“I am a firm believer that entertainment can help educate,” Kohr said, “so I really strove to draw my audience in through comedy and then bash them with the truth.”
Kohr wrote the play more than a year before the Harvey Weinstein scandal broke, sexual assault and harassment became a national cultural conversation, and #MeToo became a movement. That’s one reason Jessica Broutt, 25, the co-founder and co-producer of the Fountain’s Rapid Development Series, found Kohr’s play so compelling.
Broutt, who interned at the Fountain as a college student and worked briefly as the company’s box office manager, came up with the idea for the series with Fountain associate producer James Bennett four years ago.
“We noticed that there weren’t really a lot of young people going to the theater,” she said. “We would go to all these awesome reading series at other theaters, but it was never young people who were playwrights, and they generally weren’t L.A.- based.”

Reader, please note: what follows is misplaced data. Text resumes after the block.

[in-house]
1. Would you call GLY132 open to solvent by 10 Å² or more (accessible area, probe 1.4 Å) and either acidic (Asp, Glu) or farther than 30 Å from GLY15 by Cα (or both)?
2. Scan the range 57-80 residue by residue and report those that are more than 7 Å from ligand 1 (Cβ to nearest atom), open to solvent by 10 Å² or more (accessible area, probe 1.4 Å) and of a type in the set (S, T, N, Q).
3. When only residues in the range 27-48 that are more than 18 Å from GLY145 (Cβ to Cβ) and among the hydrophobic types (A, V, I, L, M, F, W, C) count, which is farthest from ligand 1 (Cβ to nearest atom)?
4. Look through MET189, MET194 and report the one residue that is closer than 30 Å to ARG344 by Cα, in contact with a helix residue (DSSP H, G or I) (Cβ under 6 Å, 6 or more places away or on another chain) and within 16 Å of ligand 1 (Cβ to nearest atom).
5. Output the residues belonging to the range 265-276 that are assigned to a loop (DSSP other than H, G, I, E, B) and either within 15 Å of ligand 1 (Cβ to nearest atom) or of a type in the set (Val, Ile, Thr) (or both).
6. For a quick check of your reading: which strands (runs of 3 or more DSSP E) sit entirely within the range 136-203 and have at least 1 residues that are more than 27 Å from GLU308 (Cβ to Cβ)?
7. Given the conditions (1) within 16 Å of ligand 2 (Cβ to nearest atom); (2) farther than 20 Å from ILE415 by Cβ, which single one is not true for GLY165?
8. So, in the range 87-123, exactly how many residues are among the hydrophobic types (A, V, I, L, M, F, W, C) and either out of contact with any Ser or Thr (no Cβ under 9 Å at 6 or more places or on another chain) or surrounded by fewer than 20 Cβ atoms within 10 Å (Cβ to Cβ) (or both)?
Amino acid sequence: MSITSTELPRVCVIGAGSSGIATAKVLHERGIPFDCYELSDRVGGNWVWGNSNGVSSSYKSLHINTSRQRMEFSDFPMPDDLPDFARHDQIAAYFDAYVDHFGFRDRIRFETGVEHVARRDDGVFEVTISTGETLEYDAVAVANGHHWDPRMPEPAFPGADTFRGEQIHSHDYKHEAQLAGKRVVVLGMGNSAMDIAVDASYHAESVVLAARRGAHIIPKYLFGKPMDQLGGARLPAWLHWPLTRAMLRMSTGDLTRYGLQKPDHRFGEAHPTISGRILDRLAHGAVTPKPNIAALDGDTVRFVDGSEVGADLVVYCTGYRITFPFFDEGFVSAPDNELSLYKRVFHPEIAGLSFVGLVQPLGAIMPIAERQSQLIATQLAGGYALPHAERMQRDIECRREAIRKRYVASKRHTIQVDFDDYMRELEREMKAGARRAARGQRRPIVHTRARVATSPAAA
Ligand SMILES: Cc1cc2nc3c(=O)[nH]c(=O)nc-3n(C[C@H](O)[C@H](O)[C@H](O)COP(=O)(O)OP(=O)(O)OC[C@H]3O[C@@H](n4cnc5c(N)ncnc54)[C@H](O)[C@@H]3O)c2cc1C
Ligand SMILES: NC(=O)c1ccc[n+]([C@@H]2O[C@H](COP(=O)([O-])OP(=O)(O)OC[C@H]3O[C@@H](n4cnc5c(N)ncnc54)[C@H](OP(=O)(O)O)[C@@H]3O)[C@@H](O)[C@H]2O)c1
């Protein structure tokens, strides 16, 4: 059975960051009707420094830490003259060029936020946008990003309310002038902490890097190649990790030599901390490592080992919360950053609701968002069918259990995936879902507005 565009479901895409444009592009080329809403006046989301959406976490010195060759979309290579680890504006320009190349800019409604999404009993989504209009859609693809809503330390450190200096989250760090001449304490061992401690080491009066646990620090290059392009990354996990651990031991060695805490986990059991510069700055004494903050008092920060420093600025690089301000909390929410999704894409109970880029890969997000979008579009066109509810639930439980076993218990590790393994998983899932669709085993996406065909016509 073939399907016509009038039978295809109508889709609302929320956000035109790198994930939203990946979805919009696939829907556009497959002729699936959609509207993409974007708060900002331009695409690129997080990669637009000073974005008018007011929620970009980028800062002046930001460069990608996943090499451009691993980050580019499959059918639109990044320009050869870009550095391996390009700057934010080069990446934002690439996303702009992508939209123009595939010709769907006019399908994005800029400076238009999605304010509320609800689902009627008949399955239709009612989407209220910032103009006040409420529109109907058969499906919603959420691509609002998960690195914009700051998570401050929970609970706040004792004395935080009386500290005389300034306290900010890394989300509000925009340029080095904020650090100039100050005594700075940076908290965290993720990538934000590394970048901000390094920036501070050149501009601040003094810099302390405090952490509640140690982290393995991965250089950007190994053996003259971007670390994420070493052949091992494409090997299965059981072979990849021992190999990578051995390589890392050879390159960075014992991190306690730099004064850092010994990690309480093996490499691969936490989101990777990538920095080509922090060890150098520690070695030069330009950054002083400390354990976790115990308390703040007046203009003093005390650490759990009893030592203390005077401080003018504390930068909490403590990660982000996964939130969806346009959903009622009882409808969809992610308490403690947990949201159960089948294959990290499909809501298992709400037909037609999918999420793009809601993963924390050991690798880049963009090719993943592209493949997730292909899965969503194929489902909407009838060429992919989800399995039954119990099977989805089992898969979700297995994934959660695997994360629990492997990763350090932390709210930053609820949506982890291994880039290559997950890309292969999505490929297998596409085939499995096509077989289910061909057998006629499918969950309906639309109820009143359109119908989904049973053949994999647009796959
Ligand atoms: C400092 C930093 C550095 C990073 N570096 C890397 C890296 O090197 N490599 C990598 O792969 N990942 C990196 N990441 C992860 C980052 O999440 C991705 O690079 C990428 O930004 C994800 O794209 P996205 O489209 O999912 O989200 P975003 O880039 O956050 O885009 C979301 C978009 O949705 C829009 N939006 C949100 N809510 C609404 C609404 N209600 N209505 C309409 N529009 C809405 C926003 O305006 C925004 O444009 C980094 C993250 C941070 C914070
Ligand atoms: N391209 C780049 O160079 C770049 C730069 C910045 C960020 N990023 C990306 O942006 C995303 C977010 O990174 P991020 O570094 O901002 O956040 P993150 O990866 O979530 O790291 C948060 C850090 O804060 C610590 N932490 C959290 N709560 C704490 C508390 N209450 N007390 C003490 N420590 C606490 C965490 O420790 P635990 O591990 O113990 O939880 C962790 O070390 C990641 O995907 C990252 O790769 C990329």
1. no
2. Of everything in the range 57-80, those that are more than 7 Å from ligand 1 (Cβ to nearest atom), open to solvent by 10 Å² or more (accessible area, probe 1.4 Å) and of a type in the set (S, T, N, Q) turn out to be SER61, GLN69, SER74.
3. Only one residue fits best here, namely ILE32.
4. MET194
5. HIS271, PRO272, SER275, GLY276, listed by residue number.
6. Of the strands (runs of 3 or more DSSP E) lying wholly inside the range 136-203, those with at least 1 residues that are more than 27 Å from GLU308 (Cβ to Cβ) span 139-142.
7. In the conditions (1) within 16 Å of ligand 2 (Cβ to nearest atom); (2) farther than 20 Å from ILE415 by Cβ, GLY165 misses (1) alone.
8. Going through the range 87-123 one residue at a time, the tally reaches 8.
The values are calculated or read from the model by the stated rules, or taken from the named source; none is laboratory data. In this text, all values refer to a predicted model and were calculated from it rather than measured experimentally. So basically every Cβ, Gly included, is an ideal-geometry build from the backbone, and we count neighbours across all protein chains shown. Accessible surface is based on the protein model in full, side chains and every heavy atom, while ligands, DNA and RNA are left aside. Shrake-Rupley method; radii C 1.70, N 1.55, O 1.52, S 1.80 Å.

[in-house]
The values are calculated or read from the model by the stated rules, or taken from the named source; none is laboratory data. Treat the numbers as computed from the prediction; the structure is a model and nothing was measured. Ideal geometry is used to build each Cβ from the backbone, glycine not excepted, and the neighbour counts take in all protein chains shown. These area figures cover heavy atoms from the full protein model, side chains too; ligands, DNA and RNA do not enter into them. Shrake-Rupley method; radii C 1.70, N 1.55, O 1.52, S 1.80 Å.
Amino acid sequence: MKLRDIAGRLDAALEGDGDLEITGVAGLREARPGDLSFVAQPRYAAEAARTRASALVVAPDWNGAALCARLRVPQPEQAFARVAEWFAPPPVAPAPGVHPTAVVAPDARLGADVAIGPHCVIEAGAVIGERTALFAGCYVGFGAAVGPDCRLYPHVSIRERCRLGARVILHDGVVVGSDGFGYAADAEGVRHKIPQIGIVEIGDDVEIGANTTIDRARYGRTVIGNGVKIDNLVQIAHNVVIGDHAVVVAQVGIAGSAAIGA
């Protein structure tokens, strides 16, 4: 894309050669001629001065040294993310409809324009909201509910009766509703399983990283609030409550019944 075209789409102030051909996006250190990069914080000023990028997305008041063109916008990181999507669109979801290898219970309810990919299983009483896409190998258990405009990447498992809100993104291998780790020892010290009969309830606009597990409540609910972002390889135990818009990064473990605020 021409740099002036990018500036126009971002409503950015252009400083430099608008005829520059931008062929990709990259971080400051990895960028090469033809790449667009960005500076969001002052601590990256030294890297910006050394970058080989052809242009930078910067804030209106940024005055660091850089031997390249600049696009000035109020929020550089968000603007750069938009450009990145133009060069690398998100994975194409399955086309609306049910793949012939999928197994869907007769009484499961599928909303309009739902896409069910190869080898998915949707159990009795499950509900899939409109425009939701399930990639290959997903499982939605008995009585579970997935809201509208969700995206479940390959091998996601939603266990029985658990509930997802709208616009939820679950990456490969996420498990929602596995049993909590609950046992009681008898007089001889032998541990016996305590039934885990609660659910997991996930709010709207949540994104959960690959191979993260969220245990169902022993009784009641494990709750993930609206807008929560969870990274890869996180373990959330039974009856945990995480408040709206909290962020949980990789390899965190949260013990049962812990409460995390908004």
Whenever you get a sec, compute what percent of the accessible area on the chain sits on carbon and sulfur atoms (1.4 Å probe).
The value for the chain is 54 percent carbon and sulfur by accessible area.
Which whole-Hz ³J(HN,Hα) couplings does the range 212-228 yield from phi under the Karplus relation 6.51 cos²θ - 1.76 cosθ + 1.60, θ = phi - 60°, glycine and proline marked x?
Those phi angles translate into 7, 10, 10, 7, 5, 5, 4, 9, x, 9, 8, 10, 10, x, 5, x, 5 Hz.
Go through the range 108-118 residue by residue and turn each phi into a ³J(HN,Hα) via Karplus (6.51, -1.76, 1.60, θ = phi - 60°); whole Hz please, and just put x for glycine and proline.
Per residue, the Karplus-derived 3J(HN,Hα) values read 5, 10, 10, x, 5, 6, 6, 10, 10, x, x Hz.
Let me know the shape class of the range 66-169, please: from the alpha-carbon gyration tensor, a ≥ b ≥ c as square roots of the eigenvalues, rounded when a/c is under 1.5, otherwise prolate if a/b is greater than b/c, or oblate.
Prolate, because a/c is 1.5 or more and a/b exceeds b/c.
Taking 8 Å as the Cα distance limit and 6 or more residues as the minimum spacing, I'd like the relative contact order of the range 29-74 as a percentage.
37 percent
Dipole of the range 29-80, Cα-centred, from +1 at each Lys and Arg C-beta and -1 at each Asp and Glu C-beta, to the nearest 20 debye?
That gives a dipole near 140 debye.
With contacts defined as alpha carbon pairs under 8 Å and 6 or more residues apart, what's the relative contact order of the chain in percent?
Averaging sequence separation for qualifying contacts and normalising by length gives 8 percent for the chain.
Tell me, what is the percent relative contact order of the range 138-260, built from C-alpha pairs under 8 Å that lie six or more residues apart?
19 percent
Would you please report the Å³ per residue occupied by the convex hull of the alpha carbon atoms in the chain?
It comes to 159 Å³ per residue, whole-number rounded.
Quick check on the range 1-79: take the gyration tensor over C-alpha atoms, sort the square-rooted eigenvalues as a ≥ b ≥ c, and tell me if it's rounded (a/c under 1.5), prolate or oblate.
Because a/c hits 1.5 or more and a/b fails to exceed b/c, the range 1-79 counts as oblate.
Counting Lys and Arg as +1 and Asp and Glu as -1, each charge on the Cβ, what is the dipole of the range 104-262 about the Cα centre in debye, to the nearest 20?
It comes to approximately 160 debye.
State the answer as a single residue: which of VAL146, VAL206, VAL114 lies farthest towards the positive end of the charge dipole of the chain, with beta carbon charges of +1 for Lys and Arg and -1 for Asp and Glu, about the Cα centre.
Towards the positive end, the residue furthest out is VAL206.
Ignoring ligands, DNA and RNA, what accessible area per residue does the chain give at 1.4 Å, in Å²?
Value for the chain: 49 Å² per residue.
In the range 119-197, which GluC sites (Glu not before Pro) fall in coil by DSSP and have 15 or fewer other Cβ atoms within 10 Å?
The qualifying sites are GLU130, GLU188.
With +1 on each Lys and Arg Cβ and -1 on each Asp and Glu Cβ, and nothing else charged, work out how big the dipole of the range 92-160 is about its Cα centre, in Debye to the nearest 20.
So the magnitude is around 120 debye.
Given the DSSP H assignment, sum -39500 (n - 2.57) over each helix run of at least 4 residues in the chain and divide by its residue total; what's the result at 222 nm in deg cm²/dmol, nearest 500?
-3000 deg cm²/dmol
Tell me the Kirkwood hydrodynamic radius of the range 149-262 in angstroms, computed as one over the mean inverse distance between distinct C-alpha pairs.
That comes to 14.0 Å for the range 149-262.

Jessica Broutt, Kieran Medina and Amanda Kohr at Fountain Theatre.
Broutt and Bennett pitched the idea to the Fountain’s management as a sort of theatrical battle of the bands. Broutt would select four plays by L.A. playwrights under 30. The theater would provide the actors and the space, and each play would receive a “snapshot” reading at which audiences vote for their favorite, drawing them more actively into the experience.
The actors and directors are volunteers, and the performances are free.
“We were trying to rule out all the reasons why people our age don’t goto plays,” Broutt said.